Camino Day 38
Yesterday, I travelled to the end of the world. It was a short bus drive away. Who knew that it was so close?
Yesterday, I travelled the “rest” of the Camino, the part reserved for die-hard pilgrims for whom the majestic cathedral in Santiago was not enough. I travelled along the a costa da Morte, the Death Coast, so named for the multitudinous ship wrecks that have happened in these often stormy waters off the coast of Galicia.
The end of the world, the death coast, is, as it turns out, beautiful.
Most pilgrims end their journey at the Cathredral in Santiago de Compostela but a few hardy ones go an extra 89 km (55 miles) to Finisterre which does, indeed, mean the end of the world in Latin. It was so named because when the Romans reached this finger pointing out to the horizon of limitless water, and, believing that the world was flat, after all, they thought they had done it!! Reached the end of the world, beyond that vast expanse of blue, they figured, was a giant waterfall spilling endlessly into infinity.
Of course, now we know, as Cris, the helpful tour guide to the end of the world, told us that directly across the water from where we stood was Boston, MA. Known to us Unitarian Universalist as the Alpha and Omega; the beginning and end of the world.
It really was an amazing day, though, and I’m glad I took the time to do the tour. I often think of bus tours as cheesy for some reason. I do happen to live in a tourist attraction (Colorado Springs: home to Garden of the Gods, America’s Mountain, and, now, legal weed!) and so I’ve see tour buses go by, so that might be part of the reason for my bias, but really, I love doing tour buses. And every time I do I learn so much about the area through which I’m traveling and gain a deeper respect for the region, the terrain, the people that live there.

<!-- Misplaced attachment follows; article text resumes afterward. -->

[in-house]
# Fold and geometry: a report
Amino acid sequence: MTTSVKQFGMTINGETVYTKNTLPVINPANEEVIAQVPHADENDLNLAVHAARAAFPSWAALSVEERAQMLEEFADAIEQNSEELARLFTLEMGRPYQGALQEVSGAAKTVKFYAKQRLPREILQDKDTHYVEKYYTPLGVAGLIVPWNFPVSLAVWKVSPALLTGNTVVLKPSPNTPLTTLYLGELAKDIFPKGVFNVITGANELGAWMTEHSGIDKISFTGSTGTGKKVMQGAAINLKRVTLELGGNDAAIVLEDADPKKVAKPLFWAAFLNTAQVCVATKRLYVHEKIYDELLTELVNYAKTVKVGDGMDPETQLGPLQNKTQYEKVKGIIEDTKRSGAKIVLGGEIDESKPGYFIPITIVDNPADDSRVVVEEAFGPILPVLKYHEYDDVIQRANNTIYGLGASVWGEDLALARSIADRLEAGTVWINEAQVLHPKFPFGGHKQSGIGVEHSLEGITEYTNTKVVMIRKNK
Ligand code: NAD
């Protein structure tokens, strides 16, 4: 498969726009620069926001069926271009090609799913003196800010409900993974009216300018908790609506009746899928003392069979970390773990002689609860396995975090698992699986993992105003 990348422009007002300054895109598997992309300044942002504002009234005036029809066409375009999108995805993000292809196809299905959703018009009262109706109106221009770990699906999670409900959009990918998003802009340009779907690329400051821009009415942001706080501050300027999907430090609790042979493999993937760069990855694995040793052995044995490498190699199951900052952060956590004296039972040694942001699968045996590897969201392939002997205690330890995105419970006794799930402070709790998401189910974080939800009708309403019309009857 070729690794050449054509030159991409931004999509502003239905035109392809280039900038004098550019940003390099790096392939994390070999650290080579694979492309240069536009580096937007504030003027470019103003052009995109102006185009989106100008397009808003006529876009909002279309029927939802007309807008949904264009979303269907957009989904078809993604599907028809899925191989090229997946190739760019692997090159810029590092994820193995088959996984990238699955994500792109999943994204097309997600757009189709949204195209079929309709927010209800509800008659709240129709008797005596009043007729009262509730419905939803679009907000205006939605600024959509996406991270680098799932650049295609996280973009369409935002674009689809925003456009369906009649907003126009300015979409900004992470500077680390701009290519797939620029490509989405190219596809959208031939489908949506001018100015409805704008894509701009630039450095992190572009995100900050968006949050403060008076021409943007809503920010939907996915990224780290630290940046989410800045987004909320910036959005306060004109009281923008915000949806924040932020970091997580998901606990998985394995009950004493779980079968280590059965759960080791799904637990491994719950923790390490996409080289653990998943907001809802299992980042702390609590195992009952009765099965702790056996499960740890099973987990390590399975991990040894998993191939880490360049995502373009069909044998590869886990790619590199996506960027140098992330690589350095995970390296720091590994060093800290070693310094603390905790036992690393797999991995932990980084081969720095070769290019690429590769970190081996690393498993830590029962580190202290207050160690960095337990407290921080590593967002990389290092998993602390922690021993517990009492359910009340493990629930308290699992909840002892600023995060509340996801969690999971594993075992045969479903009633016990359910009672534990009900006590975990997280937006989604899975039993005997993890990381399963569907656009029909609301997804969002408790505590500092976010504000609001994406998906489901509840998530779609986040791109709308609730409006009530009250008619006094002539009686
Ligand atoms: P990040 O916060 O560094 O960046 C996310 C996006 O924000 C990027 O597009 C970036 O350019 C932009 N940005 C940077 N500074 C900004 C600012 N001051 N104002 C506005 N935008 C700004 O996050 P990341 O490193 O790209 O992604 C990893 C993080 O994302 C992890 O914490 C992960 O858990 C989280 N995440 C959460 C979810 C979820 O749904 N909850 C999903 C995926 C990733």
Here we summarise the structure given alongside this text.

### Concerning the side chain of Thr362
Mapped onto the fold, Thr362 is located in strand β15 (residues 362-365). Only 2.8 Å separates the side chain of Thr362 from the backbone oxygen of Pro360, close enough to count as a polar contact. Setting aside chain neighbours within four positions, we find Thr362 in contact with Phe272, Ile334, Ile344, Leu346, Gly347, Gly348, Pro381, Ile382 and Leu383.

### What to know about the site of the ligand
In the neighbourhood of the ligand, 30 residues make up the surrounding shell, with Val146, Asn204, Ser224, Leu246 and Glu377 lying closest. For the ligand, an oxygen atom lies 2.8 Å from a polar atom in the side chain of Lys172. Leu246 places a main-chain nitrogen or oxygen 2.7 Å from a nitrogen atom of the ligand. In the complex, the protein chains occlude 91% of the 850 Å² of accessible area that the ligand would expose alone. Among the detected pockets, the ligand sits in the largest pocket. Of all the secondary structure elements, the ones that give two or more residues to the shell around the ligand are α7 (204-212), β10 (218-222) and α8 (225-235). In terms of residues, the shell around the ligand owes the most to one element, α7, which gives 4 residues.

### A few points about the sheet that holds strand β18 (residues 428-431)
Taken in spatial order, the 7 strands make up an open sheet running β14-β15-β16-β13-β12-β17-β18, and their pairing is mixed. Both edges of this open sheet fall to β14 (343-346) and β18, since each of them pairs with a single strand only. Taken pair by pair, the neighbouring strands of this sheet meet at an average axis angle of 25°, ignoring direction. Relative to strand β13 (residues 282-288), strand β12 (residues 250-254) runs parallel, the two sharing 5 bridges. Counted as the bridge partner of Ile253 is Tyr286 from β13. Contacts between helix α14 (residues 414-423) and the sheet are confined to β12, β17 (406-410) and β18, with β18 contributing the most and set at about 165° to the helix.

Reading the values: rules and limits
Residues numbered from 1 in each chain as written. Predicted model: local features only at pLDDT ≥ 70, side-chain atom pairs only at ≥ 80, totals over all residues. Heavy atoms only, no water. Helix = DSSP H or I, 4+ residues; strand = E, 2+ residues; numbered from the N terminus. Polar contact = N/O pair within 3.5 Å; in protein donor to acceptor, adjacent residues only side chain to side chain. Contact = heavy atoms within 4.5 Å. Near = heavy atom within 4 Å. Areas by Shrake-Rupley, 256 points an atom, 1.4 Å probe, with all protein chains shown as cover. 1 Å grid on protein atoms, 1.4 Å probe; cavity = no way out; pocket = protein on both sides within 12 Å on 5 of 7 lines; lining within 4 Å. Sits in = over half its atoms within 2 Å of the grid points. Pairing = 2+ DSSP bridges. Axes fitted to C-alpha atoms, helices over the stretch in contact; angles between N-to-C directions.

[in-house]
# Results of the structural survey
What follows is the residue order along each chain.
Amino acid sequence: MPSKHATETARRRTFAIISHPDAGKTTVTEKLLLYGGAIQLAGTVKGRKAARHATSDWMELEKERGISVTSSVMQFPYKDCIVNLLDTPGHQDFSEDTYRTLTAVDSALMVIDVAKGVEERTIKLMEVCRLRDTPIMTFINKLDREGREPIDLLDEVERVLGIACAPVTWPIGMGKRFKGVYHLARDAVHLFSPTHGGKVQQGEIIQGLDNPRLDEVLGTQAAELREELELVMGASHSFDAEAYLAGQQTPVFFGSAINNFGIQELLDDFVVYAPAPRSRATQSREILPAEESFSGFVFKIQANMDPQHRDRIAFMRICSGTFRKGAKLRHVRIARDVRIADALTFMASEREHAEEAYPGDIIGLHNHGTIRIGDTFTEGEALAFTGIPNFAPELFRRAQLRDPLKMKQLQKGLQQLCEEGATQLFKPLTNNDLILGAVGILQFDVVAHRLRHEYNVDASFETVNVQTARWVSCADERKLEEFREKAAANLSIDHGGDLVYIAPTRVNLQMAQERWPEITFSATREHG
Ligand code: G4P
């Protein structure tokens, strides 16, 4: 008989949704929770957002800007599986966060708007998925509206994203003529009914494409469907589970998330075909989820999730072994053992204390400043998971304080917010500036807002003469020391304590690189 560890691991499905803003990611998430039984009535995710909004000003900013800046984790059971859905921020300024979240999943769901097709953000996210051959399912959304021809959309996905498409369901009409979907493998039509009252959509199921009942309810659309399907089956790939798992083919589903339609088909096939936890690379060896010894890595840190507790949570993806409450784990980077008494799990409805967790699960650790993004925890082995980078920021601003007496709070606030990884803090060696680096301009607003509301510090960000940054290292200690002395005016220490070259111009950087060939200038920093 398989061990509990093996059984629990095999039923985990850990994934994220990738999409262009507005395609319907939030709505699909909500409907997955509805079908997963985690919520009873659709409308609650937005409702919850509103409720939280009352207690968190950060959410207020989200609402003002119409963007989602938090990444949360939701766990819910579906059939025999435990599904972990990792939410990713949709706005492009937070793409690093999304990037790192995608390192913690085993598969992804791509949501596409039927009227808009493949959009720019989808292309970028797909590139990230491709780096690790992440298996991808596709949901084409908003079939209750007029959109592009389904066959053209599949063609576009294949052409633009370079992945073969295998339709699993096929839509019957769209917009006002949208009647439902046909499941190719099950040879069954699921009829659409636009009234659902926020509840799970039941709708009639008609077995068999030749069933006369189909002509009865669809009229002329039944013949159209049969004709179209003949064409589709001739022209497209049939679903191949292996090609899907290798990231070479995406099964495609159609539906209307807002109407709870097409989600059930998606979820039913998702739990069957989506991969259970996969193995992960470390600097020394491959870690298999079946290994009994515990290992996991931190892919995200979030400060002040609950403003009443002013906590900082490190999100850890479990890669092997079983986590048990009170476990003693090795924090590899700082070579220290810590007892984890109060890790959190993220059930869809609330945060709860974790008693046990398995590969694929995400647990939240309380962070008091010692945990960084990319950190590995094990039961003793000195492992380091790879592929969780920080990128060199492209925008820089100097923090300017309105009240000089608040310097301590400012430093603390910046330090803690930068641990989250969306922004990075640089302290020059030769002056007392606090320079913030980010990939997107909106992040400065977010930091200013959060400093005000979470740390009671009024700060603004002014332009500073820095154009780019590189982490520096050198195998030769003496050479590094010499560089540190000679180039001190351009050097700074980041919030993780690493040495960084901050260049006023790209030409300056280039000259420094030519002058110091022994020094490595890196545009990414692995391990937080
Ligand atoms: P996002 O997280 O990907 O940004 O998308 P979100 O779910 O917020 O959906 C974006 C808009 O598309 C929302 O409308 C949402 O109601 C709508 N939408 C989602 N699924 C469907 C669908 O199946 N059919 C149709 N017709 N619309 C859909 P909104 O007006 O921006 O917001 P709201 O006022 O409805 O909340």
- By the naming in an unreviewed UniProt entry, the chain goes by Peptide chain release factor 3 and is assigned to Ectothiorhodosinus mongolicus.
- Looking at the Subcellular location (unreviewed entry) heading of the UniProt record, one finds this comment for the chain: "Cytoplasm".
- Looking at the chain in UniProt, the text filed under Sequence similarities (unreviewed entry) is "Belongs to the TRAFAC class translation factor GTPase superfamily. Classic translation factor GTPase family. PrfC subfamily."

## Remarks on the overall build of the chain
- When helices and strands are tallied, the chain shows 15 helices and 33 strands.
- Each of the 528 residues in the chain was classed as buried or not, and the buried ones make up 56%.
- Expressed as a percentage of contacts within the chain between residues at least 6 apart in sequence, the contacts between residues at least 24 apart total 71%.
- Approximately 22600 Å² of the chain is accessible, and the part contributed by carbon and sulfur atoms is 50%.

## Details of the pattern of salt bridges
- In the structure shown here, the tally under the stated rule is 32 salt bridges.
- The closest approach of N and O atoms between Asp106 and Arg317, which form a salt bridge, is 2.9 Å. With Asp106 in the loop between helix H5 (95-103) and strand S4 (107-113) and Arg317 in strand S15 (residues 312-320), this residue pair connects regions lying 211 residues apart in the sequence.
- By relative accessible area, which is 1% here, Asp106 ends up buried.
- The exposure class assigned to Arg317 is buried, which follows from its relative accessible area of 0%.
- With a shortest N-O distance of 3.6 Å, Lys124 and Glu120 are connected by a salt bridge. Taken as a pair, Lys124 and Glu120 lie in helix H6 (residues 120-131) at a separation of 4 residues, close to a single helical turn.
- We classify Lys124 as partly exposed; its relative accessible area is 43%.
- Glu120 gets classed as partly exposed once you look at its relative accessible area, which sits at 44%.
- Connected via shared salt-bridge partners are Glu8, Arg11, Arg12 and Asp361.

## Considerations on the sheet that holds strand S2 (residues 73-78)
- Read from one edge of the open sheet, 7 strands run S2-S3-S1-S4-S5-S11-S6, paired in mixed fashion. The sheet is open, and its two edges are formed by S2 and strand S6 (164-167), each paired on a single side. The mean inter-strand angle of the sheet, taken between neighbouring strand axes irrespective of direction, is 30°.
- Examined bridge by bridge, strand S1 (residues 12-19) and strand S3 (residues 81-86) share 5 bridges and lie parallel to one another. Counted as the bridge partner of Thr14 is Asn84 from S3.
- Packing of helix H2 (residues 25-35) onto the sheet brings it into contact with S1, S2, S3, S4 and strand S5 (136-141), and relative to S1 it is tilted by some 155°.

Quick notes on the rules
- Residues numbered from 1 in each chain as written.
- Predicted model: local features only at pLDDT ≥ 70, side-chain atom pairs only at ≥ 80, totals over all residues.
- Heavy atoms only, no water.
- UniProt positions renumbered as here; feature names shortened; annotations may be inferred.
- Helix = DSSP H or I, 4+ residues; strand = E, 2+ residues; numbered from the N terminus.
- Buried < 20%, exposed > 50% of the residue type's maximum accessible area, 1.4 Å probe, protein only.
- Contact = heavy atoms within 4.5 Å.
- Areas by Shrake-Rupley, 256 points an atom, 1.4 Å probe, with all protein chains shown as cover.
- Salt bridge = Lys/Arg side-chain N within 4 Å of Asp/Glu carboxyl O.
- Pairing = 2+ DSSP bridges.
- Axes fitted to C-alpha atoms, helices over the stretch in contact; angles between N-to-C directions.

Yesterday was no different. We traveled first to Muxia,(Spain, not China, despite what Facebook might say) which is where the final scene of the Camino was shot in the movie, “The Way.” For those of you who haven’t seen it, “the Way” was written and directed by Emilio Estevez and starred his dad, Martin Sheen, playing, well, his dad. In the movie, Emilio dies on the first day of the Camino and his dad decides to walk it and spread his ashes along the way. It’s a great movie. Anyway, it ends in Muxia which is this tiny little village with a beautiful coast. The waves were crashing majestically (see pics from yesterday on fb) and I realized again how very much I miss ocean. There is something about the crashing waves, the roar of the surf, the hypnotic drawing in and out of the tide that I think must be very close to what we feel in utero, as we lie still and trusting in amniotic bliss. Maybe this is why the oceans always calls to me; it speaks of new beginnings, birth and rebirth, and the trust in the universe to care and nurture for me.
From there we went to Finisterre. I was pleased to find that some of my tiny Camino family were there, as well. Natalie and Laura, and Laura’s 22 year old son, Daniel. I felt such a sense of familiarity when I got on the bus and saw them. And it was nice for all of us, I’m sure, to be seen in mufti as opposed to our Camino gear, and not sweating (well, okay, I sweated. Even in shorts and a tank top with no back pack. I’m a sweater; it’s who I am. I own it.)